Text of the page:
Fokker F.10
Fokker F.10
|-See also:...

: Enlarged version of the Fokker F.VII airliner, able to carry up to 12 passengers; built by the Atlantic Aircraft Corporation in the United States.
C-2: Military transport version of the Fokker F.9, powered by three 220 hp (164 kW) Wright J-5 radial piston engines, accommodation for two pilots and 10 passengers; three built in 1926 for the US Army Air Corps.
C-2A: Military transport version for the US Army Air Corps, with greater wingspan, powered by three 220 hp (164 kW) Wright J-5 radial piston engines, accommodation for two pilots and 10 passengers; eight built in 1928.
XC-7: One C-2A fitted with three 330 hp (246 kW) Wright J-6-9 radial piston engines. Redesignated C-7 when four C-2A examples were similarly reconfigured.
C-7: Military transport conversion of C-2A for the US Army Air Corps by re-engining with 300 hp (220 kW) Wright R-975 engines. XC-7 prototype and four C-2As redesignated in 1931.
C-7A: Six new production C-7 (Wright R-975) aircraft with larger wings, new vertical fin design, and fuselages patterned after the commercial F.10A
Fokker F.10
|-See also:...

XLB-2: Experimental light bomber version of the C-7, powered by three 410 hp (306 kW) Pratt & Whitney R-1380 radial piston engines; one built.
TA-1: Military transport version of the US Navy and Marine Corps; three built.
TA-2: Military transport version for the US Navy; three built.
TA-3: Military transport version for the US Navy, powered by three Wright J-6 radial piston engines; one built.
RA-1: Redesignation of the TA-1.
RA-2: Redesignation of the TA-2.
RA-3: Redesignation of the TA-3.

Licenced copies

  • SABCA, 29 aircraft built.
  • Avia
    Avia is a Czech aircraft and automotive company notable for producing biplane fighter aircraft, especially the B-534, and trucks.- History :...

    , 18 aircraft built.
  • Three aircraft built in Italy as the IMAM Ro.10.
  • Plage i Laśkiewicz
    Plage i Laskiewicz
    Plage i Laśkiewicz was the first Polish aerospace manufacturer, located in Lublin and manufacturing aircraft under Lublin name. Full name was: Zakłady Mechaniczne E. Plage i T. Laśkiewicz - Mechanical Works E. Plage & T. Laśkiewicz...

    . Between 1929 and 1930 11 passenger and 20 domestically developed (by Jerzy Rudlicki
    Jerzy Rudlicki
    Rudlicki Jerzy was a Polish aerospace engineer who invented and in 1930 patented the V-tail configuration for aircraft combining the ailerons and elevators in one system. He both worked in the World War I and World War II on aircraft...

    ) bomber aircraft.
  • Three aircraft built in Spain.
  • Avro
    Avro was a British aircraft manufacturer, with numerous landmark designs such as the Avro 504 trainer in the First World War, the Avro Lancaster, one of the pre-eminent bombers of the Second World War, and the delta wing Avro Vulcan, a stalwart of the Cold War.-Early history:One of the world's...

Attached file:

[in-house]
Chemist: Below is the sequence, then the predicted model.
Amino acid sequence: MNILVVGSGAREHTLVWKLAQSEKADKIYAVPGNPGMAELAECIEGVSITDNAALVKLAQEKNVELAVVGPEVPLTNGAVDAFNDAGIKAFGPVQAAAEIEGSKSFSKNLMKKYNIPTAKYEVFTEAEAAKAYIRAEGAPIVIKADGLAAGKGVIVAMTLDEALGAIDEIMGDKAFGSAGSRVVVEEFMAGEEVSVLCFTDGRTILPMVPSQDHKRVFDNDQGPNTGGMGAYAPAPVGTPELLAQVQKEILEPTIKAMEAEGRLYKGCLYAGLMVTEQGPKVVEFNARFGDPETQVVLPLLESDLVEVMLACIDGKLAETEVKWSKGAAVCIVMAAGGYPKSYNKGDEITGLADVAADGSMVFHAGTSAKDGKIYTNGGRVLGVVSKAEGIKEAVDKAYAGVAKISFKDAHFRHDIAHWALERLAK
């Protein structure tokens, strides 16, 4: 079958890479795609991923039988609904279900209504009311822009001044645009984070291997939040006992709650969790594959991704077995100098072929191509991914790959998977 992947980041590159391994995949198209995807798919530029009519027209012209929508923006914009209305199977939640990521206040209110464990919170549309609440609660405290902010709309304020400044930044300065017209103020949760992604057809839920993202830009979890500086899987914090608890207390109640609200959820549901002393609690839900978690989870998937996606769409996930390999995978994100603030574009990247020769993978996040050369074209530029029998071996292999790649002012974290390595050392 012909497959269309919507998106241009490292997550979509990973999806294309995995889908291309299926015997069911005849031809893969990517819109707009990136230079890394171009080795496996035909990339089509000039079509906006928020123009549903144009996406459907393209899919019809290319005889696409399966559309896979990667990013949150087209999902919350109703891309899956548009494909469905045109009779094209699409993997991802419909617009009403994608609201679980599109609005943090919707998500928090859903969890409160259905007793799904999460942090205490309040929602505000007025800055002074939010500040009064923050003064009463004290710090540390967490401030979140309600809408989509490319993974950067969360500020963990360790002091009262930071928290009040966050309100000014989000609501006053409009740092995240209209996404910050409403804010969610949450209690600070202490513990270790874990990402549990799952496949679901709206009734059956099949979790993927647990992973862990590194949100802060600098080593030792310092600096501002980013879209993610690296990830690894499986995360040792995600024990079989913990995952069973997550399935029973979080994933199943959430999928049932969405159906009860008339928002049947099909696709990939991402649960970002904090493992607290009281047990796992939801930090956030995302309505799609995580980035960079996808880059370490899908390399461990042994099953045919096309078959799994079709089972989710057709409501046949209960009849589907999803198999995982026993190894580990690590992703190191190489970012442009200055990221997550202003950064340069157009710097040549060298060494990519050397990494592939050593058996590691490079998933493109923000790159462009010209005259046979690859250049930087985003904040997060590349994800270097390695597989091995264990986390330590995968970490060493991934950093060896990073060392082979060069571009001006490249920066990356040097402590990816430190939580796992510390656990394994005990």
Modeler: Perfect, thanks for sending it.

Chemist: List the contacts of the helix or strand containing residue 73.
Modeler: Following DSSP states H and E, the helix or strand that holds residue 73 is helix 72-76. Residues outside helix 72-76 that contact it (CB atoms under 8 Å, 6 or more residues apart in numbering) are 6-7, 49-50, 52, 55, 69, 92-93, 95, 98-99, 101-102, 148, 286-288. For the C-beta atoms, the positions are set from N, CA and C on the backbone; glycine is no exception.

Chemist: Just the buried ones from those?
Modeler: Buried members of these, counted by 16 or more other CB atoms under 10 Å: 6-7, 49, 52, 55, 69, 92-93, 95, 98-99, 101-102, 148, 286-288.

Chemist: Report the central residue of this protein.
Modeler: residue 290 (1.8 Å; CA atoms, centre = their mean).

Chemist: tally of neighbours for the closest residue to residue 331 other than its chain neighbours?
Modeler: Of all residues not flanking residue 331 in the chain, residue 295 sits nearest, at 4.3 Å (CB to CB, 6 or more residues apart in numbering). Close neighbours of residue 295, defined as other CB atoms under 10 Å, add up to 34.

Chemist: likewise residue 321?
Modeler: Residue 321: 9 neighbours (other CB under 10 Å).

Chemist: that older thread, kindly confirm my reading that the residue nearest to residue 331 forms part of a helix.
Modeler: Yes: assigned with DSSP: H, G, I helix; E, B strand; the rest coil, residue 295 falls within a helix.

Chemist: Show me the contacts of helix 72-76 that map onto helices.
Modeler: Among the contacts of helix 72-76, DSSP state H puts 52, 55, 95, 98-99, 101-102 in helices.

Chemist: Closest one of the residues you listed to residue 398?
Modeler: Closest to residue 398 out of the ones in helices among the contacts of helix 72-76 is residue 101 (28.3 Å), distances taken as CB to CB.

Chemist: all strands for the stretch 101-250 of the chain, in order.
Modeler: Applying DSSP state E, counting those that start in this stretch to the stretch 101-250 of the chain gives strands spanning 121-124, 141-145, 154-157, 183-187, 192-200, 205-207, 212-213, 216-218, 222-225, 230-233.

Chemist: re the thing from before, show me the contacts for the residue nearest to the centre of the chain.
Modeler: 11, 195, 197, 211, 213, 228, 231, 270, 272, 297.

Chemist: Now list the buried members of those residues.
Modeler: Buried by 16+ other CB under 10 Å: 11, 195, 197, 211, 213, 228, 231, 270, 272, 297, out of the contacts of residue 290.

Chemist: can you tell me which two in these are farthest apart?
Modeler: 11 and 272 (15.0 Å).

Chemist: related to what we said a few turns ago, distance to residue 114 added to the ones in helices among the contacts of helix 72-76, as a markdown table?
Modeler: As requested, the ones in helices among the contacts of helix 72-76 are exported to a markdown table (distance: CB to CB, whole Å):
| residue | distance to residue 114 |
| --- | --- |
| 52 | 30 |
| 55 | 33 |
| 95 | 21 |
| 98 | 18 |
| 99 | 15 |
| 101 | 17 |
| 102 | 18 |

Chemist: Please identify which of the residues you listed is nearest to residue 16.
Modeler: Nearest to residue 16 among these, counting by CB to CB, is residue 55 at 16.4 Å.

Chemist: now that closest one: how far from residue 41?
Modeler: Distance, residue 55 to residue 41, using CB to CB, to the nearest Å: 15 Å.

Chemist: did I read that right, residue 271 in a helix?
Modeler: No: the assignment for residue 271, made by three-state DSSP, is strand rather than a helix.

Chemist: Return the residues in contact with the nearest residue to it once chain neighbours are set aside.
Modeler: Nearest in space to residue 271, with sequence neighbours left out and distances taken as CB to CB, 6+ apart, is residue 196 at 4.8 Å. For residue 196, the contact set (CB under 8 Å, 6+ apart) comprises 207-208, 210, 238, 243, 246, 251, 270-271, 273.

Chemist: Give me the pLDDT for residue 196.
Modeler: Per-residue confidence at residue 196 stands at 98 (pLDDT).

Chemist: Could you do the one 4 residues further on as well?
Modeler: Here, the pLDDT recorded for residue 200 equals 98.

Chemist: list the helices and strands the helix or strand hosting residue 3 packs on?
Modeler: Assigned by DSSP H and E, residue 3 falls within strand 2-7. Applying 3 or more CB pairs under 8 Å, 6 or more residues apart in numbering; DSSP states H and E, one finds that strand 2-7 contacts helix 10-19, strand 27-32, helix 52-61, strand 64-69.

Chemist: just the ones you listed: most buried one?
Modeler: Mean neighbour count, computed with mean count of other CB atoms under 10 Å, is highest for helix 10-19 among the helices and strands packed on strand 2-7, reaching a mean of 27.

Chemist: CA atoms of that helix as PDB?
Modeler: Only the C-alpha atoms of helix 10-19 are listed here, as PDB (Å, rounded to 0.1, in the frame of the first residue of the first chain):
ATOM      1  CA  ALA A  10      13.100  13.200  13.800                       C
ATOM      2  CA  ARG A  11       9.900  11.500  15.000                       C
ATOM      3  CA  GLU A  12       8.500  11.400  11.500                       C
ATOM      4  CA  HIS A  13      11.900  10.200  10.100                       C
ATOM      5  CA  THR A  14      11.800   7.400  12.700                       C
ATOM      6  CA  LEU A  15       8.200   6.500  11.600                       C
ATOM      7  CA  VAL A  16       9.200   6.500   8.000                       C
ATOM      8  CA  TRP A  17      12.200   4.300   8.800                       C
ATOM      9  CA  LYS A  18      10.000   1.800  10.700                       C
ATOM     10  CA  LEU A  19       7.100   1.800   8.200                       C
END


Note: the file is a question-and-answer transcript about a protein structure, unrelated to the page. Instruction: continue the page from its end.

, 14 aircraft known as Avro 618 Ten
    Avro 618 Ten
    -See also:-References:* Priest, Joan Virtue in Flying. 1975 Angus & Robertson ISBN 0207132305-External links:* —Image collection of Ed Coates...

  • Atlantic Aircraft Corporation

Civilian operators

    SABENA was the national airline of Belgium from 1923 to 2001, with its base at Brussels National Airport. After its bankruptcy in 2001, the newly formed SN Brussels Airlines took over part of SABENA's assets in February 2002, which then became Brussels Airlines...

     operated 28 aircraft.

  • Det Danske Luftfartselskab
    Det Danske Luftfartselskab
    Det Danske Luftfartselskab A/S, or DDL, was Denmark's flag carrier airline since 1918, and is the oldest airline still in existence...

    operated three F.VIIa aircraft.

    CFRNA , later CIDNA CFRNA ("The French-Romanian Company for Air Transport"; Compagnie franco-roumaine de navigation aérienne in French; Compania franceză - română pentru navigaţia aeriană in Romanian), later CIDNA CFRNA ("The French-Romanian Company for Air Transport"; Compagnie franco-roumaine de...

     operated seven F.VIIa aircraft.
  • STAR
    A star is a massive, luminous sphere of plasma held together by gravity. At the end of its lifetime, a star can also contain a proportion of degenerate matter. The nearest star to Earth is the Sun, which is the source of most of the energy on Earth...

     operated one F.VIIa aircraft.

  • Malert
    Malert was a Hungarian airline, founded on November 19, 1922. The airline folded in 1944, and was a fore-runner of MALÉV Hungarian Airlines....

     operated two F.VIIa aircraft.

  • KLM received all five F.VII aircraft and 15 F.VIIas.

  • Aero
    Aero (Polish airline)
    The Society of Air Transportation Aero SA was a Polish airline founded in Poznań in February 1925 by the members of the Association of Polish Pilots and based entirely on the Polish seed capital. It operated until 1928 and on 1 January 1929 it was incorporated into the newly founded Polish flag...

     operated six F.VIIa aircraft for a short period in 1928. Since 1 January 1929, all aircraft were handed over to PLL LOT airline.
  • Polskie Linie Lotnicze LOT
    LOT Polish Airlines
    Polskie Linie Lotnicze LOT S.A. , trading as LOT Polish Airlines, is the flag carrier of Poland. Based in Warsaw, LOT was established in 1929, making it one of the world's oldest airlines still in operation. Using a fleet of 55 aircraft, LOT operates a complex network to 60 destinations in Europe,...